More power to your elbow – An Irishman’s Diary about uilleann pipes

When Danny Boy heard the pipes calling, from glen to glen and down the mountain side, they were of course war pipes: not to be confused with the uilleann variety, with which Ireland is now more synonymous and which were last month added to the Unesco world cultural heritage list.

After all, in the melancholy song, the piping signals Danny’s imminent departure somewhere, presumably a foreign battlefield. And besides, if it had been them uilleann pipes, he wouldn’t have heard them from the next glen, because being more musical than the mouth-blown bagpipes, they’re also much softer.

The Irish war pipes, by contrast, have been making a big noise across Europe for centuries. As long ago as 1581, Italian musicologist Vincenzo Gallilei – father of Galileo – wrote of the piob mór:

“The bagpipe is much used by the Irish. To its sound this unconquered, fierce, and warlike people march their armies, and encourage each other to deeds of valour. With it also they accompany their dead to the grave, making such mournful sounds as to invite – nay, almost force – the bystanders to weep.”


In more recent centuries, for good or bad, the piob mór has become almost exclusively associated abroad with Scotland. This has led to the claim here, harsh but popular, that the Irish invented the instrument and then gave it as a present to the Scots, who haven’t got the joke yet.

Shakespeare had a dig at it too. In The Merchant of Venice, he has another Italian marvelling on the different things that upset people: "Some men there are love not a gaping pig; some that are mad if they behold a cat; and others, when the bagpipe sings i' th' nose, cannot contain their urine."

But further on in that same passage of The Merchant of Venice, interestingly, Shylock also makes reference to a "woollen bagpipe". And about 300 years later, this would give rise to a colourful, but spurious, piece of supposed music history.

By then, to the family of European bagpipes had been added a newish one played by a bellows under the arm. This first appeared in Britain and Ireland in the 1700s, and was sometimes called the "union" pipes. But when William Henry Grattan Flood wrote about it in 1911, he argued for a different term.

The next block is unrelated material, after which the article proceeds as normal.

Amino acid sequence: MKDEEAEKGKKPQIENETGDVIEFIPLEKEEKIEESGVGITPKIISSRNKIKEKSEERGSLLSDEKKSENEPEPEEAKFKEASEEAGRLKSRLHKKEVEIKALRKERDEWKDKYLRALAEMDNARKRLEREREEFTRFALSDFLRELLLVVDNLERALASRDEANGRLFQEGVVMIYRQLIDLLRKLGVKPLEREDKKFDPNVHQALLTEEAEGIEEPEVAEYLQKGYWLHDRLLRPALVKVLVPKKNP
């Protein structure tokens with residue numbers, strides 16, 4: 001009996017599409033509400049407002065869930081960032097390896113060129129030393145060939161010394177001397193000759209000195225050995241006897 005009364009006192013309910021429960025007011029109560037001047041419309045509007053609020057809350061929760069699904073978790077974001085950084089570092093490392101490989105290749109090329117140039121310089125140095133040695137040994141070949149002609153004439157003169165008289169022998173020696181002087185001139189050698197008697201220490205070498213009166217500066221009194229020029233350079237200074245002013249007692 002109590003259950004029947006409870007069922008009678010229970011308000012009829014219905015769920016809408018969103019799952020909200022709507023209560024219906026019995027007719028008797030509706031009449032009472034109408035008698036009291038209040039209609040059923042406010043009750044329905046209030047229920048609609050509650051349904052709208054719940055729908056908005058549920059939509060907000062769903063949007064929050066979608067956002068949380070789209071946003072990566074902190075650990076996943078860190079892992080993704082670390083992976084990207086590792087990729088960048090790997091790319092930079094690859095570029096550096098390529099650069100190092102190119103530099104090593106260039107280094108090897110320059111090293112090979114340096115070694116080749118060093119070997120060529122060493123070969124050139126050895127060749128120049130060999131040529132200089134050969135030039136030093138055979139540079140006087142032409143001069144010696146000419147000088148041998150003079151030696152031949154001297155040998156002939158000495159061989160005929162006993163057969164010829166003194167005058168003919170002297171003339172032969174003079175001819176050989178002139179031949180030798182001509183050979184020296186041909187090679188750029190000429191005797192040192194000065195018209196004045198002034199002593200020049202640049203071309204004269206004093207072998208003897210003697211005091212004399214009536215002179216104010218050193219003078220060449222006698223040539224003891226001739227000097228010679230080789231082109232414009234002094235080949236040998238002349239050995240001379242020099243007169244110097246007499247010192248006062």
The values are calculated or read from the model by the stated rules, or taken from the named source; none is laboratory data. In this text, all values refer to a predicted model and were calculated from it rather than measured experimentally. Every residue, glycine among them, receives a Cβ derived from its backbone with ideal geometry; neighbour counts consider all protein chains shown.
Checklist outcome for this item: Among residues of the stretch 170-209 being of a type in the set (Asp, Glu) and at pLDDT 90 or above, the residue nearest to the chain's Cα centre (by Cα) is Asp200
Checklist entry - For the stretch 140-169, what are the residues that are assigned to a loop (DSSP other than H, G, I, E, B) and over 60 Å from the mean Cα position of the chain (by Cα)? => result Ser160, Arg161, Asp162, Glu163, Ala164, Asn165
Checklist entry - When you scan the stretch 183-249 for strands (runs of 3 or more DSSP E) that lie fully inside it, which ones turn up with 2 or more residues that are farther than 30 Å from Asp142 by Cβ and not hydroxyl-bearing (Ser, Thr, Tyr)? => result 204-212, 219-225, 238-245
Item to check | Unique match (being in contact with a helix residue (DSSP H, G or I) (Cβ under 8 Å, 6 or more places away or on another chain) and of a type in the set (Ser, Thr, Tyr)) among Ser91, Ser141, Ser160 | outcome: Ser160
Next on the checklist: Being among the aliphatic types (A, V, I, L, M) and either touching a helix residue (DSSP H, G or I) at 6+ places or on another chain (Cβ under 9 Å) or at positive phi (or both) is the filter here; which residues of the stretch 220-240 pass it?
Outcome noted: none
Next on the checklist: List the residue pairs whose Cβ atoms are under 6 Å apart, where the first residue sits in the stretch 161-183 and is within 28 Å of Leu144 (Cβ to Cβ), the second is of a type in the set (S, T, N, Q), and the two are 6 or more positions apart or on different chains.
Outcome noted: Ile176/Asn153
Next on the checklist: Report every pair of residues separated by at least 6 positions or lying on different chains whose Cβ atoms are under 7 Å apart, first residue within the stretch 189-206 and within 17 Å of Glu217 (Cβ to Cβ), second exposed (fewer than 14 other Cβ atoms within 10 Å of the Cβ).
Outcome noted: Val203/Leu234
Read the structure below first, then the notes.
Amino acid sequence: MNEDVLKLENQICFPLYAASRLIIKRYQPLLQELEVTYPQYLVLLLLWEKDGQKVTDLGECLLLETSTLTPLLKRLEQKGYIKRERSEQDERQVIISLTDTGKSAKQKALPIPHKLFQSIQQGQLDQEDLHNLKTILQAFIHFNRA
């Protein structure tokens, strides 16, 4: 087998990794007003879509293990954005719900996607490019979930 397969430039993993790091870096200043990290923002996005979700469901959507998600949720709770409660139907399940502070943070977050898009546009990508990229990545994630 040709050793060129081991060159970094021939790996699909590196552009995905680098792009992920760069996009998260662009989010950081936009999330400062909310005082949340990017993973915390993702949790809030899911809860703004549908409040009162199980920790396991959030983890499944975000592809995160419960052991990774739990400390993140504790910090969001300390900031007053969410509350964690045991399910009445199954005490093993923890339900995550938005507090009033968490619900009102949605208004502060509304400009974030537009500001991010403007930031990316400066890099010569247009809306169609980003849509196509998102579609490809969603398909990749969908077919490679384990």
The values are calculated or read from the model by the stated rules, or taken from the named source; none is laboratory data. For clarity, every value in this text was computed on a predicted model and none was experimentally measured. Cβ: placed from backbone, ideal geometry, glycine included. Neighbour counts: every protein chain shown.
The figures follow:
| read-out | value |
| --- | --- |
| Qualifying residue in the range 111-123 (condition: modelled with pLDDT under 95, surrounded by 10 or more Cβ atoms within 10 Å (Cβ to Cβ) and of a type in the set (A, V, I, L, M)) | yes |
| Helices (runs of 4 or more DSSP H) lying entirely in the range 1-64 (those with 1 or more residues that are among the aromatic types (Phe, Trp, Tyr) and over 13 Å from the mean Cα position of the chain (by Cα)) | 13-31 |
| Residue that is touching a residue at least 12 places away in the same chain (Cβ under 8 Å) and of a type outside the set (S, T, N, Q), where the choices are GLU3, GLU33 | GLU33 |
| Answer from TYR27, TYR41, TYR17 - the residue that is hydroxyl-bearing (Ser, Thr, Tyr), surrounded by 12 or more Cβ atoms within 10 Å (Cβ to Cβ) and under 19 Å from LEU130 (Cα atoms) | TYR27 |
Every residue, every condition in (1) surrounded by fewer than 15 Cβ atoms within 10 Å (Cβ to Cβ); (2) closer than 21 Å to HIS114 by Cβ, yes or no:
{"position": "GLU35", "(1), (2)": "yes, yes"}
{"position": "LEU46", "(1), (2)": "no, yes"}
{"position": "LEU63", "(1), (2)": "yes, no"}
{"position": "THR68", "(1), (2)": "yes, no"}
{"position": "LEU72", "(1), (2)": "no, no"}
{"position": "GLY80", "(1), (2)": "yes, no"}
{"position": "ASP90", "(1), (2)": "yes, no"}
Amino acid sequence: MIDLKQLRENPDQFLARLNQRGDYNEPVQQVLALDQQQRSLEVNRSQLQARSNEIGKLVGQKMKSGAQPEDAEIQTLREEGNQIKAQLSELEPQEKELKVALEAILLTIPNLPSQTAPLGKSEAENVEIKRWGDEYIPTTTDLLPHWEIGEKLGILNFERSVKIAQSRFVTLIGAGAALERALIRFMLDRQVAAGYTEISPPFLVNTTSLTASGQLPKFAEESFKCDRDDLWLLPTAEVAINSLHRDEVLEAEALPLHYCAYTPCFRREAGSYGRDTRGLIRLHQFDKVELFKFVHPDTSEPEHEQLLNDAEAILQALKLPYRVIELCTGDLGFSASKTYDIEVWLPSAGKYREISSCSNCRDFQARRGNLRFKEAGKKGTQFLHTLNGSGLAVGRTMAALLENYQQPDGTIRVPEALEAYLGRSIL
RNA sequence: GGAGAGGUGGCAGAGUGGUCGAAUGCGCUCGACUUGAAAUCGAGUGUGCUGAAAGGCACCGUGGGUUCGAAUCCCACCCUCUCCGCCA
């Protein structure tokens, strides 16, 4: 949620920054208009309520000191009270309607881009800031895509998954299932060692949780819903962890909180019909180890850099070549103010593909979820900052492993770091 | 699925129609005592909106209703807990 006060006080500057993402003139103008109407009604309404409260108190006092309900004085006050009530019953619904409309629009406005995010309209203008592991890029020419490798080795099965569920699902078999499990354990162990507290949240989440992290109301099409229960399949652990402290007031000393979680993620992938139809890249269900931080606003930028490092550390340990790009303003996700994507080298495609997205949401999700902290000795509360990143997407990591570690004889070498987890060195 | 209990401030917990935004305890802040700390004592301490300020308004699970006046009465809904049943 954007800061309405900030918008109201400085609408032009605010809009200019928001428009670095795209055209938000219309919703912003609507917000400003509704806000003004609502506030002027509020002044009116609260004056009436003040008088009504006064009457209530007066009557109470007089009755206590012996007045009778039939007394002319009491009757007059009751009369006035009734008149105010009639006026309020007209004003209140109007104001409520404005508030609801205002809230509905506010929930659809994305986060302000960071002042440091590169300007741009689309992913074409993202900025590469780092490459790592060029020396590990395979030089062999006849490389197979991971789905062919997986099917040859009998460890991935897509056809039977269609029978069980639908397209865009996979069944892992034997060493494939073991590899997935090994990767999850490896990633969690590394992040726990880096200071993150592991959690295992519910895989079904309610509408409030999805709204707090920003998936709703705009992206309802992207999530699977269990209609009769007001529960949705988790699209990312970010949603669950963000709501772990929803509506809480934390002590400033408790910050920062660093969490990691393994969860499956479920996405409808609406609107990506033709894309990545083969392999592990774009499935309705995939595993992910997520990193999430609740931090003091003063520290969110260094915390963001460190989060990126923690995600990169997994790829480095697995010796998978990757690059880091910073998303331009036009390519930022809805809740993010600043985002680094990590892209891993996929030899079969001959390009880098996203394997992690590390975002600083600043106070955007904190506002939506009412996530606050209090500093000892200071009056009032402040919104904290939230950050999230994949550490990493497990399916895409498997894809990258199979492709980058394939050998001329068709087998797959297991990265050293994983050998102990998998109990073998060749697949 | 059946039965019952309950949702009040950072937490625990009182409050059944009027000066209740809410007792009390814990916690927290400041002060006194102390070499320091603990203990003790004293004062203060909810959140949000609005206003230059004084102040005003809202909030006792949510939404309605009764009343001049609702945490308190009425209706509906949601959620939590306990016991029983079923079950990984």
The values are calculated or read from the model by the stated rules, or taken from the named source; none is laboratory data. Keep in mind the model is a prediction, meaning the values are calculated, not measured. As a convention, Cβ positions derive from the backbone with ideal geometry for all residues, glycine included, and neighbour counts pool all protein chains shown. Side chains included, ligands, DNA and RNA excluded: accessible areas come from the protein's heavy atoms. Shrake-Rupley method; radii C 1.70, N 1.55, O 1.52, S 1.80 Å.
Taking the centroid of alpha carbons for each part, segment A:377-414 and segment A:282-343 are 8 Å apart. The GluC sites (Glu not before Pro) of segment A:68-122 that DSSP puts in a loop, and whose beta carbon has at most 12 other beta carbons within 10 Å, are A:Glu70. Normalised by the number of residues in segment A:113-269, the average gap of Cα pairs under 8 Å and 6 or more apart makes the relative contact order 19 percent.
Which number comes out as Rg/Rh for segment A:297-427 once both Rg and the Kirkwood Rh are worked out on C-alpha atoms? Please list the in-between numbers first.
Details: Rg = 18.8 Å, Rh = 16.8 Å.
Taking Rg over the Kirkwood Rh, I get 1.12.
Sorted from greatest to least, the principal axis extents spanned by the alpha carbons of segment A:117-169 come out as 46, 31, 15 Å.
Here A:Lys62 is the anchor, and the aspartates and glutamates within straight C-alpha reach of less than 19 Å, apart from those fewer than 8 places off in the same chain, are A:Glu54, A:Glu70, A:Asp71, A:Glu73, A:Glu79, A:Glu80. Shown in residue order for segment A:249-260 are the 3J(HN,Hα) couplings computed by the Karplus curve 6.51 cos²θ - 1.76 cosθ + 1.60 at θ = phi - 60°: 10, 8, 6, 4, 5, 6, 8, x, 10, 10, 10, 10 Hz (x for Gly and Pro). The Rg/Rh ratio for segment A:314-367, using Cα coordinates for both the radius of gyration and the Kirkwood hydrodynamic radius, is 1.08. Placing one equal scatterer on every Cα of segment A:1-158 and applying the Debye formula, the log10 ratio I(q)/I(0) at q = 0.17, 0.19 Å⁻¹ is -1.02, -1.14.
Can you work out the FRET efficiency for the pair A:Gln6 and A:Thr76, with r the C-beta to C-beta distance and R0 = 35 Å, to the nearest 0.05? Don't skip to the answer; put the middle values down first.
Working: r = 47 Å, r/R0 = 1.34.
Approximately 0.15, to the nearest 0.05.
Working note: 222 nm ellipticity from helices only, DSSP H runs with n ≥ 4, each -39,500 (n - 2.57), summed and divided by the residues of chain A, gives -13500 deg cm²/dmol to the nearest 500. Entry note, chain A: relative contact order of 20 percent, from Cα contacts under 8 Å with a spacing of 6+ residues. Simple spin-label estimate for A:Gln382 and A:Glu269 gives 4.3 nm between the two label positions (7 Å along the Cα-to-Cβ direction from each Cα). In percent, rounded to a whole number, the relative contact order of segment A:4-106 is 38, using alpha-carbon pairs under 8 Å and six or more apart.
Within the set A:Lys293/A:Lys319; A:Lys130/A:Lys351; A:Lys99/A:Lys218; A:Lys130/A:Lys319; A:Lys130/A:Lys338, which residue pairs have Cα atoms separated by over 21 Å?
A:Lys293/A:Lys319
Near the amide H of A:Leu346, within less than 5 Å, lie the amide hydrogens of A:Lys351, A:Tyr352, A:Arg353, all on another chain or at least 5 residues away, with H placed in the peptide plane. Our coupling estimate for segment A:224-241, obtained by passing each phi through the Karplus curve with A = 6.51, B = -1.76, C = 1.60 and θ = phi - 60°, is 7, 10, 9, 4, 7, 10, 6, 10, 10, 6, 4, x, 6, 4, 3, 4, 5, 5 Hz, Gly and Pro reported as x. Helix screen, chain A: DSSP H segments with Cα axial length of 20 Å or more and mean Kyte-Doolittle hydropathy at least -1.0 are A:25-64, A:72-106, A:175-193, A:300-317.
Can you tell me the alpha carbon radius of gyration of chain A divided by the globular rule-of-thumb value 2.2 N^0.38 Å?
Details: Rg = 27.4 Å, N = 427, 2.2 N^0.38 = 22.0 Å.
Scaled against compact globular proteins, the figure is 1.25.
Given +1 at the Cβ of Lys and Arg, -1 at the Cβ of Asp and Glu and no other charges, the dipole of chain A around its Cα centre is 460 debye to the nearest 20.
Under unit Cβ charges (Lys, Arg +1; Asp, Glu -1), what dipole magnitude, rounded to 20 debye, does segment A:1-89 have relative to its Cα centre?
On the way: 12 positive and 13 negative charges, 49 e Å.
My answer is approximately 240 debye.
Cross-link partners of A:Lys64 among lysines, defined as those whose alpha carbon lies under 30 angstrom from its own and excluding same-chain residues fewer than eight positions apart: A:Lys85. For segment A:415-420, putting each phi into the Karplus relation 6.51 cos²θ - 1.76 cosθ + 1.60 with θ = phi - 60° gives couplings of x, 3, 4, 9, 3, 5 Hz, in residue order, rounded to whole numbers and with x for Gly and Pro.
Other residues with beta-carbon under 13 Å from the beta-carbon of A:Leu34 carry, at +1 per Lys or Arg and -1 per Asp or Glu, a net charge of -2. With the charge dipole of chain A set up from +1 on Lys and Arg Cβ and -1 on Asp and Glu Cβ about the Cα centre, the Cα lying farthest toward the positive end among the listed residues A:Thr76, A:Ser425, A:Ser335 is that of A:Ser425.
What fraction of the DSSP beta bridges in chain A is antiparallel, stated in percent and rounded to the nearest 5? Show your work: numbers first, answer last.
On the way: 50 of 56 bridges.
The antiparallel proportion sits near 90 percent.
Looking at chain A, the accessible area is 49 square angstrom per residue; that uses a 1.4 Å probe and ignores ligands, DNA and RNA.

Flood had a weakness for jumping to unwarranted conclusions. Anxious to give these relatively modern pipes a more ancient lineage, he argued that “woollen” was Shakespeare’s phonetic rendering of the Irish for “elbow” – uilleann – even though there is no evidence for anyone using that name until Flood himself did.

Mind you, Flood also identified an even worse piece of music scholarship in a then recent book on piping by a man named WL Manson.

Manson had wondered “how an instrument like the present Irish bagpipe could be of any use in war”.

But he was obviously confusing the older, martial instrument, with its nine notes and glen-to-glen decibel levels, and the sweeter, quieter new one. The uilleann pipes were and remain the most evolved of all pipes, with a range of at least two octaves (and a third if you search hard enough, I’m told).

They were designed for peace, or at least for being played indoors.

Which brings me back to where we started because, as it happens, these pipes too are calling at the moment: not to war, but for fundraising purposes.

The cause this time is the Armagh Pipers Club, which was founded in 1966, survived the Troubles, and now provides 50 subsidised music classes a week, in various instruments, to 200 students.

Along with Na Píobairí Uilleann in Dublin, the APC are a big part of the reason that, having been threatened with extinction once, uilleann piping now thrives again in Ireland north and south.

Indeed, the recognition from Unesco will be the excuse for a celebratory concert by Na Píobairí Uilleann at the Abbey Theatre on January 30th.

But in the meantime, the Armagh Pipers need to raise money. To this end, they too are putting on a concert in Dublin this month, at Liberty Hall on January 20th.

A stellar list of past pupils and friends will feature, including Lúnasa, Andy Irvine, Len Graham, Karan Casey, and the Máirtín O'Connor Trio.

The concert aside, APC is also auctioning a painting of pipers by the Armagh artist JB Vallely, while for those who can’t afford that, there is a limited edition of 50 signed prints for sale. Details of this, and of the Liberty Hall event, are at